In the first book of the second trilogy, La Belle Sauvage, Lyra is a baby of six months. We have gone back in time. She’s been abandoned by her parents – who’d had an illicit, high-level love affair – and is being looked after by nuns. The plot is complex but basically the agents of the Magisterium are out to get her. She’s rescued by a boy, Malcolm, the same age she is in the first trilogy. In rising floodwaters they are swept away in his rowing boat, named La Belle Sauvage, which can be translated as ‘wild beauty’. During these adventures she first acquires the aleithiometer, sometimes known as The Golden Compass, a symbolic divining device which, when she’s older, Lyra can read intuitively, but which otherwise requires years of training to interpret.

In the second volume of The Book of Dust, The Secret Commonwealth (TSC), we leap forward twenty years. Lyra is now a student at an Oxford college, but she’s lost her former confidence and ability to read the aleithiometer. Under the influence of books by super rationalists popular with students she’s come to doubt the reality of imagination and meaning. She falls out badly with Pantalaimon, her daemon, who leaves to find her ‘imagination’. For Lyra to be seen without her daemon puts her in jeopardy. Besides, she’s desperate to find Pan again. So she sets out for a ruined city in the Levant, said to be haunted by humanless daemons. It’s also in the direction of a peculiar mountain-girt desert where rare roses grow that are made into vision-inducing oil used by shamans. It seems that, under its influence, you can see Dust, ‘sparkling granules of light.’ Needless to say the Magisterium, opposed to anything they deem heretical, want to put a stop to this. Malcolm is tasked with heading into the thick of it and finding out more.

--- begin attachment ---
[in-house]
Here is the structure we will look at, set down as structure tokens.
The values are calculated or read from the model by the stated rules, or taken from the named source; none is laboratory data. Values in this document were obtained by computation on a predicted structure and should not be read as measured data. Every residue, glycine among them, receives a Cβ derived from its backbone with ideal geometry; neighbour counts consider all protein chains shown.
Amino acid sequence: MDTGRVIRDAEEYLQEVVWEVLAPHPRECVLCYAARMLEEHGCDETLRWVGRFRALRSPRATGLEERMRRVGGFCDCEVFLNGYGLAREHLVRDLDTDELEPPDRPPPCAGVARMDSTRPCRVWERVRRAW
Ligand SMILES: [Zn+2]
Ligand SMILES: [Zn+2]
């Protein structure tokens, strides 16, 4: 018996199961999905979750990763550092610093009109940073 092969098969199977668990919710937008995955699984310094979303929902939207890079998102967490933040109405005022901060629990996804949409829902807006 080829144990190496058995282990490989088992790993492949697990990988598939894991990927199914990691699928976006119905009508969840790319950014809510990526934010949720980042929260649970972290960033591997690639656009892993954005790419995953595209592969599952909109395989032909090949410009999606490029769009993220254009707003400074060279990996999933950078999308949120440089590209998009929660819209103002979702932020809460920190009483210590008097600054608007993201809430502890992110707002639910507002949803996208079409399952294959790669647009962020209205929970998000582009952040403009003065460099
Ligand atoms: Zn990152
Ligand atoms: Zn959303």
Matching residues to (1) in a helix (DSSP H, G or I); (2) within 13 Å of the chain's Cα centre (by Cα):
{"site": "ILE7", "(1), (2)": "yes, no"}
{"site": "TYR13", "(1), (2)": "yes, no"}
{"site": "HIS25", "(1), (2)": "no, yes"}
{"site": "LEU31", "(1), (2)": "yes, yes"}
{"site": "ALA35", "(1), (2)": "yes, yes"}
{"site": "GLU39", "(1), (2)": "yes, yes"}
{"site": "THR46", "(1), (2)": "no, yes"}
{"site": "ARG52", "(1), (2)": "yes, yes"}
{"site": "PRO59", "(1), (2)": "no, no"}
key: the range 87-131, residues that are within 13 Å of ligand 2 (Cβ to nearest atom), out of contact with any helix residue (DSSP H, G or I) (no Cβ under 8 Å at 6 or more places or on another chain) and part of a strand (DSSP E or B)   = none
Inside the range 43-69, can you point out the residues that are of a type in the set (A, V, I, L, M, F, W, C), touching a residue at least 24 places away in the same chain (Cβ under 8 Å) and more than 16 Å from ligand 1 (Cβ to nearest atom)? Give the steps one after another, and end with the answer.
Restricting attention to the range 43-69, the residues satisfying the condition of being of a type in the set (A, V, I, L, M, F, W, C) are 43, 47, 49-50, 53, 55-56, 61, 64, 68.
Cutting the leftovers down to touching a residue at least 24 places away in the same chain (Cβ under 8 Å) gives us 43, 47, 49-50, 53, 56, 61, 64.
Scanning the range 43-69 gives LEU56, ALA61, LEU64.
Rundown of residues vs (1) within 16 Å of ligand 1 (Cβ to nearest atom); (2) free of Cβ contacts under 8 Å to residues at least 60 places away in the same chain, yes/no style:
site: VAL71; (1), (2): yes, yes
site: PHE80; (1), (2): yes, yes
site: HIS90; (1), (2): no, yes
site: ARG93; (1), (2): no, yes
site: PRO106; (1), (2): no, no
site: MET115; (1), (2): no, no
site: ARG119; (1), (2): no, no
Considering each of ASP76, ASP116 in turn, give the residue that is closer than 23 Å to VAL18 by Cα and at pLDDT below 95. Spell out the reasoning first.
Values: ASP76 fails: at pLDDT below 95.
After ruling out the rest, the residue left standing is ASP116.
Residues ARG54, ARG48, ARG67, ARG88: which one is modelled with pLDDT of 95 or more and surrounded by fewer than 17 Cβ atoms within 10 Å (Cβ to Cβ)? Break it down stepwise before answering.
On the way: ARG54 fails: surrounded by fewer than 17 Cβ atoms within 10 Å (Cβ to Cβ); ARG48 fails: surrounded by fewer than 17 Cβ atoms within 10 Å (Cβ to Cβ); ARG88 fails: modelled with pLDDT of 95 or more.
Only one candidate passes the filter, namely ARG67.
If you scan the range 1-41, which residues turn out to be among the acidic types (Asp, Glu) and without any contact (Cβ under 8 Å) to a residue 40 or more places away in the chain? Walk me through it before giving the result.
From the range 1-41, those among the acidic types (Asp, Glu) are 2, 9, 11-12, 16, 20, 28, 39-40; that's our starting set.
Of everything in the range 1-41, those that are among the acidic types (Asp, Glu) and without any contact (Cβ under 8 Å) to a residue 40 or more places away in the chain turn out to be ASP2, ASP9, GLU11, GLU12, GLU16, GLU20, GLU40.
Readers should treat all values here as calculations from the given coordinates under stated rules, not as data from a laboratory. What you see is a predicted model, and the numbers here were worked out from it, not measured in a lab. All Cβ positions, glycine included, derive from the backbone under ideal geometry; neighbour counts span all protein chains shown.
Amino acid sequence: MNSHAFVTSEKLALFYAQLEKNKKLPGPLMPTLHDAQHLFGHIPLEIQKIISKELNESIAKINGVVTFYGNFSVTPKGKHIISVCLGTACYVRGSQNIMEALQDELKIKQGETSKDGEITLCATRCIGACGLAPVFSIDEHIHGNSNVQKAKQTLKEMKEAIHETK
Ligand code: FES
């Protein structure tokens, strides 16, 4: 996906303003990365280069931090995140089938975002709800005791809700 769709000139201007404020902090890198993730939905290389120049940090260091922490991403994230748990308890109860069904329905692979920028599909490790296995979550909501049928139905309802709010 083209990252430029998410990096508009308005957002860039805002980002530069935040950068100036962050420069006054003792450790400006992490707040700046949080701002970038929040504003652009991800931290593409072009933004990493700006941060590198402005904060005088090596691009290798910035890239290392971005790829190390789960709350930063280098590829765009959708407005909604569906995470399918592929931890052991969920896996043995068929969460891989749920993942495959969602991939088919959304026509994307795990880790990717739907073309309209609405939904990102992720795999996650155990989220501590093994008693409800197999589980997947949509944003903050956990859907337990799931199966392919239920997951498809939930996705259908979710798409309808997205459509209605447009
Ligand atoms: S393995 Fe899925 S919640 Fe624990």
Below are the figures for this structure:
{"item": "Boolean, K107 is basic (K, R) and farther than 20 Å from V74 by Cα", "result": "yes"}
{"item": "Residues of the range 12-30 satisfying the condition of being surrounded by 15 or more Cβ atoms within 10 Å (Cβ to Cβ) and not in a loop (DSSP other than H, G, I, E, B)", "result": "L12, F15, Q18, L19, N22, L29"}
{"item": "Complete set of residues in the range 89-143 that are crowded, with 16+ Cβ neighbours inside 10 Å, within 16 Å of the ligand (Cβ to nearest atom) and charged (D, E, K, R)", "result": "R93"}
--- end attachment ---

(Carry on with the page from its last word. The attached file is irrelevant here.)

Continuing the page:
Philip Pullman gives a good summary of his own books when describing Malcolm’s feelings about an ancient Persian poem he’s reading: “It was highly episodic: the story had many turns and byways, and brought in every kind of fabulous creature and outlandish situation… Further elaborations followed each adventure, like little vortices of consequence spinning away from the main flow. In Malcolm’s view the story was almost insufferable, but … redeemed by the poet’s rapturous description of the rose garden itself … and of the pleasure of the senses … enjoyed by those who reached it in a state of knowledge.” Of course PPs books are far from ‘insufferable’. But there are definite parallels.